In regards to safety, streetlights have not been proven to equal less crime. In fact, just the opposite may be true, and it's important for citizens to realize this. In England and Wales, an extensive study analyzing over 14 years of data from 62 authorities found little evidence of an increase in traffic accidents or crime after reduced lighting (but they did find an increase in the amount of money saved!). Overly bright lights constrict our pupils, create glare and make it harder for motorists and pedestrians to see, which can lead to automobile accidents and a decreased awareness of our surroundings. While I see their importance at turns in the road, I don't find streetlights necessary on a highway going straight ahead, which my and other drivers' headlights easily illuminate.
CCT, BRIGHTNESS & LIGHT POLLUTION
Blue-rich white LEDs create substantially more light pollution than do HPS (2200K) lights, whereas carefully dimmed, 3000K warm white LEDs can create less light pollution than HPS but only if their brightness/lumen output is reduced to 58%. Phoenix, AZ and Lake Worth, FL have chosen 2700K (such as by Leotek), which ensures a CCT of 3000K or less, because many lightbulbs are +/- 300K of whatever CCT they are listed as. In general, 3000K has been better received by citizens than higher CCTs. The lower the kelvin, the less blue light there is, with an amber colored light being the best. However, 3000K still gives a white looking light. Please see this video showing how much more light pollution is produced from white LEDs.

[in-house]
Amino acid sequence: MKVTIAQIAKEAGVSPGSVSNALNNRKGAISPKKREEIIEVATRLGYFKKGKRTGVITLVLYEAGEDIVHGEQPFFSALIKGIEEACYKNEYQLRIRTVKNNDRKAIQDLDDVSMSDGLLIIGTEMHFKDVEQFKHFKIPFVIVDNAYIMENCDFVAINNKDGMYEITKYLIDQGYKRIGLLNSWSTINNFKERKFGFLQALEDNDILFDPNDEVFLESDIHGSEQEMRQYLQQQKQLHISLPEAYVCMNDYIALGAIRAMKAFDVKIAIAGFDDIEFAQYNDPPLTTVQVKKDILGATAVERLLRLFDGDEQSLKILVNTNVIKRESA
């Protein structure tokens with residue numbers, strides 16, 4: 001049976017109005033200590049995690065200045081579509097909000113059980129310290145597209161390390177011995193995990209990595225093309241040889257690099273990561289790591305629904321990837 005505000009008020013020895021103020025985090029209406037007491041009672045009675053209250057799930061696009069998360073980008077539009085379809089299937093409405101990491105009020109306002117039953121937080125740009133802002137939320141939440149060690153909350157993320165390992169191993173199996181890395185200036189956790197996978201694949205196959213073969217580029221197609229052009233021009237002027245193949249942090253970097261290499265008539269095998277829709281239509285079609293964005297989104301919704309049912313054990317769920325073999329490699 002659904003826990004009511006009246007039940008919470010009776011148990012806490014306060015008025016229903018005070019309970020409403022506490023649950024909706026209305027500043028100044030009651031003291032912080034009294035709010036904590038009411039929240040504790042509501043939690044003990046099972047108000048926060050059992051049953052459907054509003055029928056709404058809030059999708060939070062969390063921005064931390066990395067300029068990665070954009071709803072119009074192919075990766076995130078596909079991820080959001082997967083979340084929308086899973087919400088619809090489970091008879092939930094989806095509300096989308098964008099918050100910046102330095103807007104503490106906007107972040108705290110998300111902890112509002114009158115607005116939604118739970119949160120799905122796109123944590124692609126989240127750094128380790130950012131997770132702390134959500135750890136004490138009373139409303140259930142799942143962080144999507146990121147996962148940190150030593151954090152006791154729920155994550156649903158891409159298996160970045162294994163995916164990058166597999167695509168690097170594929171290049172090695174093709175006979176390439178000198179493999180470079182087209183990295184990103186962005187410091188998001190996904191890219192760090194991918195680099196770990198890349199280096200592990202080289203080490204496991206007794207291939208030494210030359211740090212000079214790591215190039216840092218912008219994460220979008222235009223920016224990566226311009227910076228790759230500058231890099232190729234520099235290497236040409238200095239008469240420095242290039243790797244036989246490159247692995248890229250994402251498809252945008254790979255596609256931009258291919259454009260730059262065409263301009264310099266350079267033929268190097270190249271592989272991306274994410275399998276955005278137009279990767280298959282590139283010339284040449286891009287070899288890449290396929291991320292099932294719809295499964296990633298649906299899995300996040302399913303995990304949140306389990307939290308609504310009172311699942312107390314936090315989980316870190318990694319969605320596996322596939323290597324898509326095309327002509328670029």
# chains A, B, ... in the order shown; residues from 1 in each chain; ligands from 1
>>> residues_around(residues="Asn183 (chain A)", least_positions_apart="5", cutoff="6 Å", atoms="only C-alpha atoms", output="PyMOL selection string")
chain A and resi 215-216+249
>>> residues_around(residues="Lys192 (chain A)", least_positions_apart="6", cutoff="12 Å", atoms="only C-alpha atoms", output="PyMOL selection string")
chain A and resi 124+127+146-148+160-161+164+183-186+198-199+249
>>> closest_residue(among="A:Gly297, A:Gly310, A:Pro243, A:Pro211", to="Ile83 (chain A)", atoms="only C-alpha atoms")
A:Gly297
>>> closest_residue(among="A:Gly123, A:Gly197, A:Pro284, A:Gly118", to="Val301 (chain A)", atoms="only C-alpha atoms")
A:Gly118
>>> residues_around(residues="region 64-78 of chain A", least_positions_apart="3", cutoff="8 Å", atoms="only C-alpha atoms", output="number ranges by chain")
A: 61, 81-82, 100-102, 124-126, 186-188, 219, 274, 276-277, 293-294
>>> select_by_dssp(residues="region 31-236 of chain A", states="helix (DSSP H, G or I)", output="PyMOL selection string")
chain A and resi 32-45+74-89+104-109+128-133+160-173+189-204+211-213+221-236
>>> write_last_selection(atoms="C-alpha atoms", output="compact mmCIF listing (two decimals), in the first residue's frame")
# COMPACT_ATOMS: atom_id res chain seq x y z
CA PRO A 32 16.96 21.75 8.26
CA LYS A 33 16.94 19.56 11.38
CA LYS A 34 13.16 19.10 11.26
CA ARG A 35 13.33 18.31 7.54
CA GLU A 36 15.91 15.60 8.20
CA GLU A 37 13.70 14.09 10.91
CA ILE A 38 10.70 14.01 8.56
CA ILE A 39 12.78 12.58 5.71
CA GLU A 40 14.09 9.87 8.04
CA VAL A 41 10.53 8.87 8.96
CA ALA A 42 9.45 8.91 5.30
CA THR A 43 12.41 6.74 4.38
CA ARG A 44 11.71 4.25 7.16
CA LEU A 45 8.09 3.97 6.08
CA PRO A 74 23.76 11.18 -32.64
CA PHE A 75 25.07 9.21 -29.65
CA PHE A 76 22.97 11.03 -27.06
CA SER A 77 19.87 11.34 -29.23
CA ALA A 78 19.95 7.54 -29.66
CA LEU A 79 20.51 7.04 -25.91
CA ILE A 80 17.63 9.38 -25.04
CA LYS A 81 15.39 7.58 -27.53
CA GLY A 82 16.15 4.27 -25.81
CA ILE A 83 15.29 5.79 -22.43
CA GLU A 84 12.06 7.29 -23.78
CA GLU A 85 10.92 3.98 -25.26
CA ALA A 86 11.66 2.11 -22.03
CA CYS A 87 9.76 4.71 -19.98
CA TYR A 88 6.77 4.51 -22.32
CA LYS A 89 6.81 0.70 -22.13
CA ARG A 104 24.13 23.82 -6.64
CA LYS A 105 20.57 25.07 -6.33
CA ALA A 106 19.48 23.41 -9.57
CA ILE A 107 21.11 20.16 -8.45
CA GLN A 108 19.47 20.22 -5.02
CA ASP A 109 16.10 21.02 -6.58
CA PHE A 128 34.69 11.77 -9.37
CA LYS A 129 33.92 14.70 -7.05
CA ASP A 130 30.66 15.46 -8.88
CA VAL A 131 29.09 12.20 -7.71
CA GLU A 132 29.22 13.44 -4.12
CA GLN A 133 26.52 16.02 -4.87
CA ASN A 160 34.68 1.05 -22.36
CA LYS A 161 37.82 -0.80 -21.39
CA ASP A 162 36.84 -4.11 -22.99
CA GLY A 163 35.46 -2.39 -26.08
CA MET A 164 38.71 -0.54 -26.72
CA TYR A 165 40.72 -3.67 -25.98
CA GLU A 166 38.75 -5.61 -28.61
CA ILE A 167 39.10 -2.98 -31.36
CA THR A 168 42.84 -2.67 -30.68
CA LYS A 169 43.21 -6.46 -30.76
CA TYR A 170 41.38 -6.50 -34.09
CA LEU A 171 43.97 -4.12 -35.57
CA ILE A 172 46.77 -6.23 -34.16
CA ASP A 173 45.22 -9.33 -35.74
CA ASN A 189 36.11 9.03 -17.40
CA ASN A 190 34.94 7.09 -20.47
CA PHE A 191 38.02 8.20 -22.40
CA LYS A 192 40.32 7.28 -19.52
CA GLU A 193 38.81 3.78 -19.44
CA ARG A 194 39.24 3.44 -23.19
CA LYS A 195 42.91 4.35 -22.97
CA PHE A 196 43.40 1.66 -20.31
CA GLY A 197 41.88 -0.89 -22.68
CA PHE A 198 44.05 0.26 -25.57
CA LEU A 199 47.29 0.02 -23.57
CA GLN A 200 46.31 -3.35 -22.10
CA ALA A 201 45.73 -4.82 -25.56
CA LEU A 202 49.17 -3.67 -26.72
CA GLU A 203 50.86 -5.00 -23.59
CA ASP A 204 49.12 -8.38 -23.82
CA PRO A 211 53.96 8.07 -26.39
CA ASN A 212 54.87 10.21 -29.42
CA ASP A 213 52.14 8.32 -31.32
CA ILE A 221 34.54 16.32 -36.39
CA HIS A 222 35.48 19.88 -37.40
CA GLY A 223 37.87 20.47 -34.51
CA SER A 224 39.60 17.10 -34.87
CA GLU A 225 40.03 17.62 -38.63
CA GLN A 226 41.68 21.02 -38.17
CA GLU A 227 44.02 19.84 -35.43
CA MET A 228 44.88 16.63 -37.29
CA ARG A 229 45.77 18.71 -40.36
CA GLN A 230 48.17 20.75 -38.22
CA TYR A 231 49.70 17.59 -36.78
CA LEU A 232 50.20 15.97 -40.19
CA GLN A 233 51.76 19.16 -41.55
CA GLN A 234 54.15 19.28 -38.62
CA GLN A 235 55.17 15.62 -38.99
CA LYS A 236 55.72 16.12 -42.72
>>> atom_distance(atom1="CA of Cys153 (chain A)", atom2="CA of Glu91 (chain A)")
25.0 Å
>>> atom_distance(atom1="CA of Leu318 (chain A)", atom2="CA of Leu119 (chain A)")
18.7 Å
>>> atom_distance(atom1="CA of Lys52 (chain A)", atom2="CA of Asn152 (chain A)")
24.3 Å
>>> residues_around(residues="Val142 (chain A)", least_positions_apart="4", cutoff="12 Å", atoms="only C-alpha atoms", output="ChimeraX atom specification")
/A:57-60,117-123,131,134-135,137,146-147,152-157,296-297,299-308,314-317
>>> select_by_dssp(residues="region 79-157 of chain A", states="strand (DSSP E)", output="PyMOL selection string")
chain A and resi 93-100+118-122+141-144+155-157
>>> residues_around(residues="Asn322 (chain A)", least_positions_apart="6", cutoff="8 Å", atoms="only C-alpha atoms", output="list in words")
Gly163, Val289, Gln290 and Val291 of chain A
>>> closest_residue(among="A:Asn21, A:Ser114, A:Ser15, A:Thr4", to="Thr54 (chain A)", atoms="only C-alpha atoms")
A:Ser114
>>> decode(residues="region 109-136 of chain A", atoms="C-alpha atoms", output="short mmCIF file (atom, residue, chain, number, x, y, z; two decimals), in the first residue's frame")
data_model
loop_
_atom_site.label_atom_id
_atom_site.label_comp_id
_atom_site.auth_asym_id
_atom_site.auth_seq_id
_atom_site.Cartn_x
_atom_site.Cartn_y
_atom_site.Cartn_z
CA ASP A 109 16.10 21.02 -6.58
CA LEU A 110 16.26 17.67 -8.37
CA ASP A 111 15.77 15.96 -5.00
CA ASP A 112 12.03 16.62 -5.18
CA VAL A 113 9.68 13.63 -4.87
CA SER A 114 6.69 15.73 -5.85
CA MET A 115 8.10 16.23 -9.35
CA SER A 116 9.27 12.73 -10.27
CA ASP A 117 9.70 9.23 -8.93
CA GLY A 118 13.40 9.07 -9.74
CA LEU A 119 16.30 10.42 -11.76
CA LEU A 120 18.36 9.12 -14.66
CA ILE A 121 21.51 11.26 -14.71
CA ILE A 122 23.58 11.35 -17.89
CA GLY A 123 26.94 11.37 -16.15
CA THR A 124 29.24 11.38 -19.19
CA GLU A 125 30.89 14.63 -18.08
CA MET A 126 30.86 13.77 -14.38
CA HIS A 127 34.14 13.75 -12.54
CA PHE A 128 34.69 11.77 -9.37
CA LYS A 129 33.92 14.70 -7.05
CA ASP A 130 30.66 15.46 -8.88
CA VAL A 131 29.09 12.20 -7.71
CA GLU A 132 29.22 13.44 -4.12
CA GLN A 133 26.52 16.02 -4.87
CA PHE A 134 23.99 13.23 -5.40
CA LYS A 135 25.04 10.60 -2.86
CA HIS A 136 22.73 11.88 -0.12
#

As far as energy efficiency, because of rapid improvements due to their recent popularity, 3000K white LEDs are now highly efficient, and amber LEDs are now on par with white as far as cost and efficiency. In fact, 3000K (or less) LEDs have now become the new standard and have been adopted by many cities. Blue light can also be reduced in brightness while saving energy and still giving good visibility. Some cities choose to even turn streetlights off late at night.
TYPES OF LEDS
A PC Amber LED is better then a low CCT white LED, and this is what I would like for our city. Next best would be a FLED, a dimmed 3000K (or less) LED with a filter cutting blue light down to 2% or less, as Hawaii has done. These also produce less glare, harsh shadows, and are safer in general. NBA LEDs are the best, as they have no blue light, but they are still expensive due to current low production and less efficiency. Again, waiting may be the best current option. Please see this document explaining the different light sources.
IMPROVED LIGHTING FOR THE FUTURE
It is my hope that we protect our citizens, and our wildlife, from blue-rich white LEDs, as well as ours and surrounding communities from additional light pollution to our starry night sky. It’s very important to me that moving forward, our community chooses lighting that is even better than what we currently have in regards to public safety, health, wildlife, beauty, energy consumption, and light pollution to our night skies.
We have a great opportunity right now to choose better lighting. Who do I need to talk to at the city to make sure this change has been thoughtfully addressed?
Thank you so much for your time!
A SAMPLE LETTER APPEALING MORE TO PROTECTING DARK SKIES (MAY BE BEST MODIFIED AS A FOLLOW-UP LETTER)--PLEASE ADJUST THIS TO YOUR PERSONAL VIEWS AND SITUATION.
Dear [name of your official]